8. 4 Michael Panico
    (pp. 65-80)

    Michael Panico began kindergarten in the fall of 1975 at the Memorial School in Burlington, Massachusetts, shortly after Congress adopted the EAHCA.¹ After three years of Michael’s foundering in school and not receiving an educational plan that was likely to help him make adequate progress, his parents decided to send him to private school and seek reimbursement from the school district for their educational expenses. Although they eventually reached a favorable settlement with the school district, Michael’s case reflects the sloppy way in which many school districts implemented the EAHCA in the early days of enforcement.

    The case also shows...

  9. 5 Post-1975 Amendments
    (pp. 81-108)

    Chapter 2 revealed that Congress disregarded predictions that the EAHCA would disproportionately fail to serve the needs of poor and minority children. Then, the U.S. Supreme Court decision inRowleyset a very low bar for the kinds of services that a school district must offer any student—saying that mere advancement from grade to grade was sufficient evidence of progress, irrespective of the child’s cognitive aptitude. And the fortunate parents, like the Panicos, who were successful in taking their cases all the way to the Supreme Court faced enormous expenses that few parents could afford.

    During the 1990s, as...

  10. 6 Brian Schaffer
    (pp. 109-124)

    The next two chapters tell the story of Brian Schaffer and Joseph Murphy. Neither child came from a low-income family; their cases help reveal how difficult it is for any child to prevail under the IDEA. Their cases were brought after Congress amended the IDEA in 1997, and again in 2004, in various ways that were supposed to benefit students with disabilities. Yet, as with Amy Rowley (chapter 3) and Michael Panico (chapter 4), these stories reveal a cumbersome legal process that rarely produces success even for children with highly involved parents and qualified legal counsel.

    Brian Schaffer’s case is...

  11. 7 Joseph Murphy
    (pp. 125-136)

    This is the story of a child who foundered in school, despite receiving special education services, for about ten years before his parents gave up on the public school system and sent him to a private school. Joseph’s parents tried to make economical choices—initially proceeding without a lawyer and going along with the school district’s recommended program. It eventually became clear to Joseph’s parents, through the assistance of Marilyn Arons, who acted as both an educational consultant and a lay advocate, that the school district was misclassifying Joseph’s disability and providing him with inappropriate services. With Arons’s dogged assistance...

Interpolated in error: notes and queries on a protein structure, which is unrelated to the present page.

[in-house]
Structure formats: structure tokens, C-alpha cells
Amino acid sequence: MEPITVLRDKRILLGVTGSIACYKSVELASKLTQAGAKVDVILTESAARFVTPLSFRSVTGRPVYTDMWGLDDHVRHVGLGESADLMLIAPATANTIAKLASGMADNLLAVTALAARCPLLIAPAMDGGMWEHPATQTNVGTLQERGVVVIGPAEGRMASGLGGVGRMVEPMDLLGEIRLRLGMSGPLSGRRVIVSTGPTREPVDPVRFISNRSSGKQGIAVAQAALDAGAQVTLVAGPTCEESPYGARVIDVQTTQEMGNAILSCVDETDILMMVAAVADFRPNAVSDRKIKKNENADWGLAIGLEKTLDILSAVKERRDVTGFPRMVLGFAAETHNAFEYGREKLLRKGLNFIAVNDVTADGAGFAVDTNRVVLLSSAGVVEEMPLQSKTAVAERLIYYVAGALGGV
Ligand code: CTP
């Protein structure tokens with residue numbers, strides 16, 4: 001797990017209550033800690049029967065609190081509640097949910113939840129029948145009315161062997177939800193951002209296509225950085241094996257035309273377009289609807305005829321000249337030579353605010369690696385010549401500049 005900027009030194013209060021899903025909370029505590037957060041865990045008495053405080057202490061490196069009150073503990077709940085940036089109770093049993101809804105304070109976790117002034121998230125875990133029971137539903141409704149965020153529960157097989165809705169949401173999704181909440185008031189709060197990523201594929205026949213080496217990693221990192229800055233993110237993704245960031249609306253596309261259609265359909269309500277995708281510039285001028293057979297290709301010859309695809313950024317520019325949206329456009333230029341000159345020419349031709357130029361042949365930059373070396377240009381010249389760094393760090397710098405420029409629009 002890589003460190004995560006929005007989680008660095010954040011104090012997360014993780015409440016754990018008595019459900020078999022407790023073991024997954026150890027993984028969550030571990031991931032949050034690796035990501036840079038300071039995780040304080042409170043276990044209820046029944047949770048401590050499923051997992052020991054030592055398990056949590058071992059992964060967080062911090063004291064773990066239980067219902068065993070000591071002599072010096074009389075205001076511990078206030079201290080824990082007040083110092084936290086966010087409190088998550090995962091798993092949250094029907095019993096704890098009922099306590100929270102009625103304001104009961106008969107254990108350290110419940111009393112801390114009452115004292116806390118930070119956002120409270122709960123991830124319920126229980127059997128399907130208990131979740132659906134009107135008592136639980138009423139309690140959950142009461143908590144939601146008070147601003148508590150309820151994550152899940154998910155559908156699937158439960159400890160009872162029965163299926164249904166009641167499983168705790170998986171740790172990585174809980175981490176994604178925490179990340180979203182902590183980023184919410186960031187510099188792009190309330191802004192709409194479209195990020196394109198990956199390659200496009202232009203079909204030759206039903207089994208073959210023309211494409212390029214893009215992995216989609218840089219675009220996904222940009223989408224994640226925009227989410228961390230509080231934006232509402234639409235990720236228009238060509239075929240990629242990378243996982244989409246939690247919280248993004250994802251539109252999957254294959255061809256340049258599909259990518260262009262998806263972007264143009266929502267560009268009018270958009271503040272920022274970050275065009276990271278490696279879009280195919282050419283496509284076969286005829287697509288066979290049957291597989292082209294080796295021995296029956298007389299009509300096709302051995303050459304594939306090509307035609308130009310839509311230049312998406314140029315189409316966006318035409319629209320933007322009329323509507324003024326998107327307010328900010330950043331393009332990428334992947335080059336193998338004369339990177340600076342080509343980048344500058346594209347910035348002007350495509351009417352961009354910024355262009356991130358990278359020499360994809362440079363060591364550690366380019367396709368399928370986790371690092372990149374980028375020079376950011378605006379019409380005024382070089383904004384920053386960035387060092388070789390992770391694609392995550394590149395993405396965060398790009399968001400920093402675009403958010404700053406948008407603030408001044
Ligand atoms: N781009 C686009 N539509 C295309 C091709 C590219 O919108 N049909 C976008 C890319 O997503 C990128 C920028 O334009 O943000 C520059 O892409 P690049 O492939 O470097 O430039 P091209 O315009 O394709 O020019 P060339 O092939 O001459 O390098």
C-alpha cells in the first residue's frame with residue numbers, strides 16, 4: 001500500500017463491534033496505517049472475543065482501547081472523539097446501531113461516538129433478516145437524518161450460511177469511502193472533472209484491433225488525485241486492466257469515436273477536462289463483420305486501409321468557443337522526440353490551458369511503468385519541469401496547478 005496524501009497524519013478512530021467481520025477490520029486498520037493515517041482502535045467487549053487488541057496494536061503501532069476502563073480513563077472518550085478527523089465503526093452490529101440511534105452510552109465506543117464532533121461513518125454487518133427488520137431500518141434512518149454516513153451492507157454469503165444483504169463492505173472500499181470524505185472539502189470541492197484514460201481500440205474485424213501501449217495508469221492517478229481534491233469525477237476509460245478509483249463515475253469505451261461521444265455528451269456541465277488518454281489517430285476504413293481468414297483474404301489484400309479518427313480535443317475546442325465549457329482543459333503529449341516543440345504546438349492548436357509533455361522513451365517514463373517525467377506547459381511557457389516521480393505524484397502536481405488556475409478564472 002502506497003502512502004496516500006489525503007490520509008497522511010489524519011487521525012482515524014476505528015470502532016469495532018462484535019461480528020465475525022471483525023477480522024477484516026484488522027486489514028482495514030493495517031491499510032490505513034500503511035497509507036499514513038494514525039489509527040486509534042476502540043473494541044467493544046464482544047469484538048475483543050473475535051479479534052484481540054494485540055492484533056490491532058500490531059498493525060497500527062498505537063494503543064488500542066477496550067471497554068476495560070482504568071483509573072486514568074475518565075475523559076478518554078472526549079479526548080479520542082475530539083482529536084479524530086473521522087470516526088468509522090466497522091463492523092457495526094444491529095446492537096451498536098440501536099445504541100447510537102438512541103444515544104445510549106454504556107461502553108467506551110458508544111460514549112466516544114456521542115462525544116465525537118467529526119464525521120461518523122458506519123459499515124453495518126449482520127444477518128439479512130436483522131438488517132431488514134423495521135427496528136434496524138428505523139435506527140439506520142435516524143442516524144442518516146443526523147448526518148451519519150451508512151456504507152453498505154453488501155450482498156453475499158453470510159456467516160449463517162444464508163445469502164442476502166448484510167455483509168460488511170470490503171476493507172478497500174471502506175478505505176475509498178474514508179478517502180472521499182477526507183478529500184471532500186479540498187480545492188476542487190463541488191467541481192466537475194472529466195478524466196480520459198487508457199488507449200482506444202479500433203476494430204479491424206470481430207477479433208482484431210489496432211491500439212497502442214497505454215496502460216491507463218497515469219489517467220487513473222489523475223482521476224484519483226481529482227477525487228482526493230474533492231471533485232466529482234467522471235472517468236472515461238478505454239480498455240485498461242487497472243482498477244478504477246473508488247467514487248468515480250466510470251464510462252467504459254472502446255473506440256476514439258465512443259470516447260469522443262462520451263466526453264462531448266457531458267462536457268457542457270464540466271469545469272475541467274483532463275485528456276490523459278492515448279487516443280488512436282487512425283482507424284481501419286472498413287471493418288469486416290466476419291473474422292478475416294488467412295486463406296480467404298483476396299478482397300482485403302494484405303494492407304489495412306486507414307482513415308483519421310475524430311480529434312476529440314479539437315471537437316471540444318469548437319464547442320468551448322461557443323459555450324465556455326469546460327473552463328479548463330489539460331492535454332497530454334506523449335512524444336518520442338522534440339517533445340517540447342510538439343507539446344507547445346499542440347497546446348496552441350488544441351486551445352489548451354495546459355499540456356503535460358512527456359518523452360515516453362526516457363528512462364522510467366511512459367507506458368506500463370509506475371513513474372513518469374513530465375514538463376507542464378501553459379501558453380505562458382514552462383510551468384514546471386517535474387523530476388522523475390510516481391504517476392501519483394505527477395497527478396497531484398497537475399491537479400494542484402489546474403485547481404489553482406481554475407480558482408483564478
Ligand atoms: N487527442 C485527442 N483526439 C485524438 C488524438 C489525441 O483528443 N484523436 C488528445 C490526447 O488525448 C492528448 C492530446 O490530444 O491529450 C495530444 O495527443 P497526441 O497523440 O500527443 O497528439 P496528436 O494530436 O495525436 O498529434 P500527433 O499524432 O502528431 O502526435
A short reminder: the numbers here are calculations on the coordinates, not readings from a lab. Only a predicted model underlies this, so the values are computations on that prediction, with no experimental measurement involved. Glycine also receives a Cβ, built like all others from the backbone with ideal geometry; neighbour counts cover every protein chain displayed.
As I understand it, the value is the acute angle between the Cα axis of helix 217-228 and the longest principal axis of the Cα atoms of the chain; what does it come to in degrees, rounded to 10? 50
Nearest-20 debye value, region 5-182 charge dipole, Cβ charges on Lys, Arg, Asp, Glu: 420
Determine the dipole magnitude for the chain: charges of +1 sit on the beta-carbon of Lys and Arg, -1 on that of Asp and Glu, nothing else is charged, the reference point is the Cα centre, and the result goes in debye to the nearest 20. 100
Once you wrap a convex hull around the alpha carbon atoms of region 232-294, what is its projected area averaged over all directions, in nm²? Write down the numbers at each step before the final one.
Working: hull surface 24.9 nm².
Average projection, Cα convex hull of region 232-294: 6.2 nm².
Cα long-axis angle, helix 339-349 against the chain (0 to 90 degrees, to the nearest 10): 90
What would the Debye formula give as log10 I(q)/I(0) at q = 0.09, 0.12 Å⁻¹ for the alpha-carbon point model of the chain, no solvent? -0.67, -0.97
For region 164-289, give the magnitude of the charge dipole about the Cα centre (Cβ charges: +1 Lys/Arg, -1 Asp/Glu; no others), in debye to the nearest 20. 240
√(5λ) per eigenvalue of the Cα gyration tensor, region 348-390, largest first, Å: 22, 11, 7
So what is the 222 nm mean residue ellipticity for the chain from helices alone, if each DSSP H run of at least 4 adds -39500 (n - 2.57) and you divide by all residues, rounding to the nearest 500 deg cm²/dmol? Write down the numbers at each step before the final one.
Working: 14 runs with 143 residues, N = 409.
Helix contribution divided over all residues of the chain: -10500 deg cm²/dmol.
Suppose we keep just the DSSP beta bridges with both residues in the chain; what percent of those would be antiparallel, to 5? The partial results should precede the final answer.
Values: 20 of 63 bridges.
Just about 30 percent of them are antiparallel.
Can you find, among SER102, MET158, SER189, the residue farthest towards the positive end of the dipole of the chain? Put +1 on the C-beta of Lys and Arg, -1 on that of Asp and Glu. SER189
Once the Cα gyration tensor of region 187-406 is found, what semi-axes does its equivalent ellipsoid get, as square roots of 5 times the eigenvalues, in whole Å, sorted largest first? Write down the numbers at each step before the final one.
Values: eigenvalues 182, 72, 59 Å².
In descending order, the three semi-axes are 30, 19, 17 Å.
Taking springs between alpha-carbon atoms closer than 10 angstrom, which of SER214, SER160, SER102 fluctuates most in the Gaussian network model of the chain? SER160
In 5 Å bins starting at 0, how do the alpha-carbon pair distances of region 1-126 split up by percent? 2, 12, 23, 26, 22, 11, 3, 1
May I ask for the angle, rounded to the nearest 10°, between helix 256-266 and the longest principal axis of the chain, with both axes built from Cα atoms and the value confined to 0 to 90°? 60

12. 8 Ohio
    (pp. 137-152)

    U.S. Supreme Court cases tell only a small part of the story of what it means for parents to challenge IEPs through the hearing officer system. Few parents and their children make it to that level of the litigation process. The IDEA creates cumbersome administrative procedures that parents must navigate before they can even file a complaint. This chapter and the following four report hearing officer results from the early stages of the litigation process. They will demonstrate the difficulties that parents have in using that process and how unlikely they are to succeed, especially if they do not have...

  13. 9 Florida
    (pp. 153-168)

    As one of the nation’s largest states, and a state with a diverse population, Florida was an important jurisdiction in which to examine due process hearings. Florida also has an unusually small number of due process decisions, suggesting perhaps that it has a pro-child educational system in which numerous due process decisions are unnecessary. The results from Florida’s due process hearings suggest otherwise.